Las Pozas: The "Surrealist Xanadu" Playground Built By A Millionaire In The Mexican Jungle

By on March 24, 2017 in ArticlesEntertainment

The departed Edward James is most well known as a poet, but his greatest life's work isn't ink on paper, and it's located deep in the Mexican jungle, surrounded by the Sierra Madre mountains and in the town of Xilitla. It's called Las Pazas, and it was described by the artist before his death as a "Surrealist Xanadu."  Even though it's been open to the public for more than 25 years it remains something of a secret, even having been recently described by travel website "Elsewhere" as "abandoned."

Las Pozas is Spanish for "The Pools," and the property that sprawls more than 3,200 acres does indeed include multiple natural swimming pools. But it's also home to 36 sculptures designed by James and inspired by two famous artists that James served as a sponsor to in their careers – Salvador Dali and René Magritte. The sculptures are connected to one another by winding walking paths that are spread across the property, as well as staircases that reach up to three stories, obviously inspired by another famous artist, MC Escher.

Other features of Las Pozas, which cost about $5 million to construct, include mosaic snakes lining those walking paths, as well as a few waterfalls. One aspect of the work really is "abandoned" – the flamingo house and an ocelot enclosure, both holdovers from when they contained inhabitants of James' personal menagerie. A related, interesting note of James' eccentricity: The wealthy animal-lover was known to have taken a pet boa constrictor with him when he traveled, and also made the claim to have allowed his crocodiles to sleep in his bed (it's not clear whether he did this while he was in it too)!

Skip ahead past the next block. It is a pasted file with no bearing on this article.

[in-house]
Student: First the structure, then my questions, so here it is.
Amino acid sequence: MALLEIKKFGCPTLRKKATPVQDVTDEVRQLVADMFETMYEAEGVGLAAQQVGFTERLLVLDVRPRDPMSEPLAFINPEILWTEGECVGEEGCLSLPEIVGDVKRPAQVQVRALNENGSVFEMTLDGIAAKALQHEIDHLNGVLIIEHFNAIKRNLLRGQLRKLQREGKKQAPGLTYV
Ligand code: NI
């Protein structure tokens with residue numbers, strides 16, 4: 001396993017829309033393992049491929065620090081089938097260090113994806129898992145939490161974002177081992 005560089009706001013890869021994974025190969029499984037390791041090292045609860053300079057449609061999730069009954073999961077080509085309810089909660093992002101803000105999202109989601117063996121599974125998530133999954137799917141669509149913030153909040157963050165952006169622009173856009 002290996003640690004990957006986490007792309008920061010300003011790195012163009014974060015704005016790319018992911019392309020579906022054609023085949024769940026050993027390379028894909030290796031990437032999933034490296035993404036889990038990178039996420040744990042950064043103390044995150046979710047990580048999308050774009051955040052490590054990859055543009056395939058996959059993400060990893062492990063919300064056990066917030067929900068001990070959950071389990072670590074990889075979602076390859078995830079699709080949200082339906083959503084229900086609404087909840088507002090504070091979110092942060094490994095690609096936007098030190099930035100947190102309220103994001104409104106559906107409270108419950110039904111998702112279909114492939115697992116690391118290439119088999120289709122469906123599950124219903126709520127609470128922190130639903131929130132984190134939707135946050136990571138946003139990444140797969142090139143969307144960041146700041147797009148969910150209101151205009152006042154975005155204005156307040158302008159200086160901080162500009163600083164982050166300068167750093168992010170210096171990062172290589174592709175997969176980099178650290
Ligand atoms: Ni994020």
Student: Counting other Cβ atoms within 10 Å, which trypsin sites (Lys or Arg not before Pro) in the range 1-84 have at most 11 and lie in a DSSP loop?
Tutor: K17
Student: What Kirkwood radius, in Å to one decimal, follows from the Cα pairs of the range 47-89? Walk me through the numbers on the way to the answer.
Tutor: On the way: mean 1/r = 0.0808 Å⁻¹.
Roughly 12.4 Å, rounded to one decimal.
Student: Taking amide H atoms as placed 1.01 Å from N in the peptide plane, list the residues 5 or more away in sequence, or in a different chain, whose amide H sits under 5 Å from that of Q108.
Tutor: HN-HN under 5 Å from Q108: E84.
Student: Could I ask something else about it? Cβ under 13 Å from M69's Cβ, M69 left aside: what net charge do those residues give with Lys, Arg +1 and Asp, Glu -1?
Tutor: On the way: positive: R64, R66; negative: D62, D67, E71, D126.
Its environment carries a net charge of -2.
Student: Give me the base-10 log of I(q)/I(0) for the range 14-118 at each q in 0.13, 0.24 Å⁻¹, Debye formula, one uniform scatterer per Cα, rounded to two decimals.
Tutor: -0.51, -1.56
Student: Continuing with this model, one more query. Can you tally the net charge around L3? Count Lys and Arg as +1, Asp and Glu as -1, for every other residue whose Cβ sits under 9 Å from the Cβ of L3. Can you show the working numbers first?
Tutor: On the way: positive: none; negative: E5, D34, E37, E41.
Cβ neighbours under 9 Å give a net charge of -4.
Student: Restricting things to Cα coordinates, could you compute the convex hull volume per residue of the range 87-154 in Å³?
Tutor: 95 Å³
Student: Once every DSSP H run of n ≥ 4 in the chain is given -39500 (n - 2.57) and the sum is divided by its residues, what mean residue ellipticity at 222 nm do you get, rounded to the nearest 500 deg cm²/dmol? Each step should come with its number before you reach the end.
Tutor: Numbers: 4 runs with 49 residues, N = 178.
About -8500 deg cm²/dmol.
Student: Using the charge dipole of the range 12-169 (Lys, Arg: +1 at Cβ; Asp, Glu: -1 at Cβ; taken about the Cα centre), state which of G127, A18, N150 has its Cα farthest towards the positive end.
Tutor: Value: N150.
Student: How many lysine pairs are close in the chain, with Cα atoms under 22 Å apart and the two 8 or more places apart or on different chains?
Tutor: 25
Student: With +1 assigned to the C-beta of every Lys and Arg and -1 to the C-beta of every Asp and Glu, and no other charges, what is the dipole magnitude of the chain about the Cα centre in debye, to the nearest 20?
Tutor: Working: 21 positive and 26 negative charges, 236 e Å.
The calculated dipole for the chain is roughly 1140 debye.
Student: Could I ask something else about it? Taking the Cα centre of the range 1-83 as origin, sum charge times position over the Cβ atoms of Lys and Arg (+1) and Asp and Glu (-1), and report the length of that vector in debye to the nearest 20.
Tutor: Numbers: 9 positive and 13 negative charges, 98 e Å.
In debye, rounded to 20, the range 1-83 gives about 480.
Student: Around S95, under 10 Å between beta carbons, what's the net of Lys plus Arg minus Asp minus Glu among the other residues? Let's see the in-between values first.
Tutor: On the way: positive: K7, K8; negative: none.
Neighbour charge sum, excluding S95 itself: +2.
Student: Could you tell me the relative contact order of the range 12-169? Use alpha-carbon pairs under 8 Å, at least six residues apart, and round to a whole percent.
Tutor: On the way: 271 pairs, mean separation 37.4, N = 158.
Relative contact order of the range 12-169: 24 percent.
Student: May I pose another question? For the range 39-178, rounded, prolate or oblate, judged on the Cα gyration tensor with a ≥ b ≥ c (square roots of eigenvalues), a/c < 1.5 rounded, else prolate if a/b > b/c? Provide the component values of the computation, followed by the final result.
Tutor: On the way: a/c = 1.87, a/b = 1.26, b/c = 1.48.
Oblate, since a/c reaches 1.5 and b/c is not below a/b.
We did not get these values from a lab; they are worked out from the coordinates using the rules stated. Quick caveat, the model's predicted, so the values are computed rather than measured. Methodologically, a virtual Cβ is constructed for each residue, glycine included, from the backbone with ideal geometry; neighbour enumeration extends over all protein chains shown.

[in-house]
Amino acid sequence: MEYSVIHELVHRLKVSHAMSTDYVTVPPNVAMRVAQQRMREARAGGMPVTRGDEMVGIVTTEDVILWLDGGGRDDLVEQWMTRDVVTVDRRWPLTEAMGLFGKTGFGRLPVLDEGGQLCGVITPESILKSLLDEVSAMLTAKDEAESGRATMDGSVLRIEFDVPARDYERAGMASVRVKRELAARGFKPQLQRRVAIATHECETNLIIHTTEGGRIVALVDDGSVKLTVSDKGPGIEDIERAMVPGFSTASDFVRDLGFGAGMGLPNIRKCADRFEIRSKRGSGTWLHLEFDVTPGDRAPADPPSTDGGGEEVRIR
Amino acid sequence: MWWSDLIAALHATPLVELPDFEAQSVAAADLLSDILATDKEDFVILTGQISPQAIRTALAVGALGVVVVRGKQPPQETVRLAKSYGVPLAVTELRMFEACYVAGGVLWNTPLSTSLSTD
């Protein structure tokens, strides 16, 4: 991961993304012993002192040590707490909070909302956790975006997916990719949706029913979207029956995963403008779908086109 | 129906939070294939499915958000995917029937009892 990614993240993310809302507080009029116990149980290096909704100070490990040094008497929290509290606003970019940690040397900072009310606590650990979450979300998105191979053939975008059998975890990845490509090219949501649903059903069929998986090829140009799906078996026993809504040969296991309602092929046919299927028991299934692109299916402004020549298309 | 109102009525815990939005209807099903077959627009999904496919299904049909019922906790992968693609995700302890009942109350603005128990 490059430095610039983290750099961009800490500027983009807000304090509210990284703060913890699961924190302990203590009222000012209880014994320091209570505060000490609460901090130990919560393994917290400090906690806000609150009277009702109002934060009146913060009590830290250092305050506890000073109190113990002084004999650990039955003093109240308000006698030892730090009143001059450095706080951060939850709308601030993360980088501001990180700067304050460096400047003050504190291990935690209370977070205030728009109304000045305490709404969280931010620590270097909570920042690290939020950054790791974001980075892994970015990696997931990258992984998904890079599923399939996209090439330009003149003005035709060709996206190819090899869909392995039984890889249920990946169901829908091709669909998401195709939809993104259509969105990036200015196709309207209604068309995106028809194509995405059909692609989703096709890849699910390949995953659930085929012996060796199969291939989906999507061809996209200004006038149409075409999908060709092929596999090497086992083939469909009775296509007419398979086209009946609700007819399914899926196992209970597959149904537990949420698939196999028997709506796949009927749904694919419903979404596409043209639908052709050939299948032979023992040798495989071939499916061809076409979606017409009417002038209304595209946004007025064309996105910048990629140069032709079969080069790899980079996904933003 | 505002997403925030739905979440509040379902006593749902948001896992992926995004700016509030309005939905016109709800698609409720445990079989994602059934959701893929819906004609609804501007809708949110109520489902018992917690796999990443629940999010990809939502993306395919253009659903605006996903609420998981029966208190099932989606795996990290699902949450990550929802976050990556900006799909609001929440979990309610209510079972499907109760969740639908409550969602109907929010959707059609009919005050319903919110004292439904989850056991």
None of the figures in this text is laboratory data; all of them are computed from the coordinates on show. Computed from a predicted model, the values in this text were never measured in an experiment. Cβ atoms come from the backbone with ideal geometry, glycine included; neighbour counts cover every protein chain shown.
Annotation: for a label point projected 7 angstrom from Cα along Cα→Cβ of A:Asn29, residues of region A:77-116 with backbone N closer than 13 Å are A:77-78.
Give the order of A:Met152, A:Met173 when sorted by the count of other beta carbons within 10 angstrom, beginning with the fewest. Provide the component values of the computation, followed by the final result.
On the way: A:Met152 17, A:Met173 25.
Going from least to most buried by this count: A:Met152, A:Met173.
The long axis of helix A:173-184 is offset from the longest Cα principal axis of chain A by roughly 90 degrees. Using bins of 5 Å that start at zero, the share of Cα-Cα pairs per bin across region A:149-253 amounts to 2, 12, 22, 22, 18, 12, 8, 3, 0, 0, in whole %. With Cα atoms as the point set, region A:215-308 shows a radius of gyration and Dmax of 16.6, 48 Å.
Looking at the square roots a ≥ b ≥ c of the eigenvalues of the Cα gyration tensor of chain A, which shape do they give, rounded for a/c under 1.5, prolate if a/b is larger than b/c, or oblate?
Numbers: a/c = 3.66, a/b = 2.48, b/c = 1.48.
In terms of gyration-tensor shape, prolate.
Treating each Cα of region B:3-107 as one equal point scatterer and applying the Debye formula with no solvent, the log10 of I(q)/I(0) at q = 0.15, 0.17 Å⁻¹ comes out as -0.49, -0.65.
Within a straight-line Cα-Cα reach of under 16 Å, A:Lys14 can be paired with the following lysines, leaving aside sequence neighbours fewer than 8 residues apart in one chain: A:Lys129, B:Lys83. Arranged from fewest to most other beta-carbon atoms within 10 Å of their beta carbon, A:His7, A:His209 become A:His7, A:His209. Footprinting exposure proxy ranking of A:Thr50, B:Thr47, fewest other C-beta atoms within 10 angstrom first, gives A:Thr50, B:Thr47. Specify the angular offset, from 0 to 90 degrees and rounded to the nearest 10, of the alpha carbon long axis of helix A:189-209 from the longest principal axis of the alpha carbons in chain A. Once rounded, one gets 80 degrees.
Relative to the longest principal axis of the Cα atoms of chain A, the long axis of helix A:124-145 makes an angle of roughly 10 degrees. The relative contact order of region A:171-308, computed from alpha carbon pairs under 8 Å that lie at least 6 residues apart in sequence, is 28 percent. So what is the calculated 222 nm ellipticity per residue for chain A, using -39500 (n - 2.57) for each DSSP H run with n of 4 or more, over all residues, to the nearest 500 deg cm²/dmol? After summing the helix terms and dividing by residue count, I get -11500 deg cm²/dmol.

Edward James died in 1984, and since Las Pozas was pretty much an ongoing project (he started it in 1947, after encountering a flight of butterflies on what would become the site of the installation), that was probably the only way it would ever truly be finished. If you ever find yourself in Xilitla, it only costs 50 pesos (less than $3) per person to get in, even though it would take days for anyone to explore it fully.

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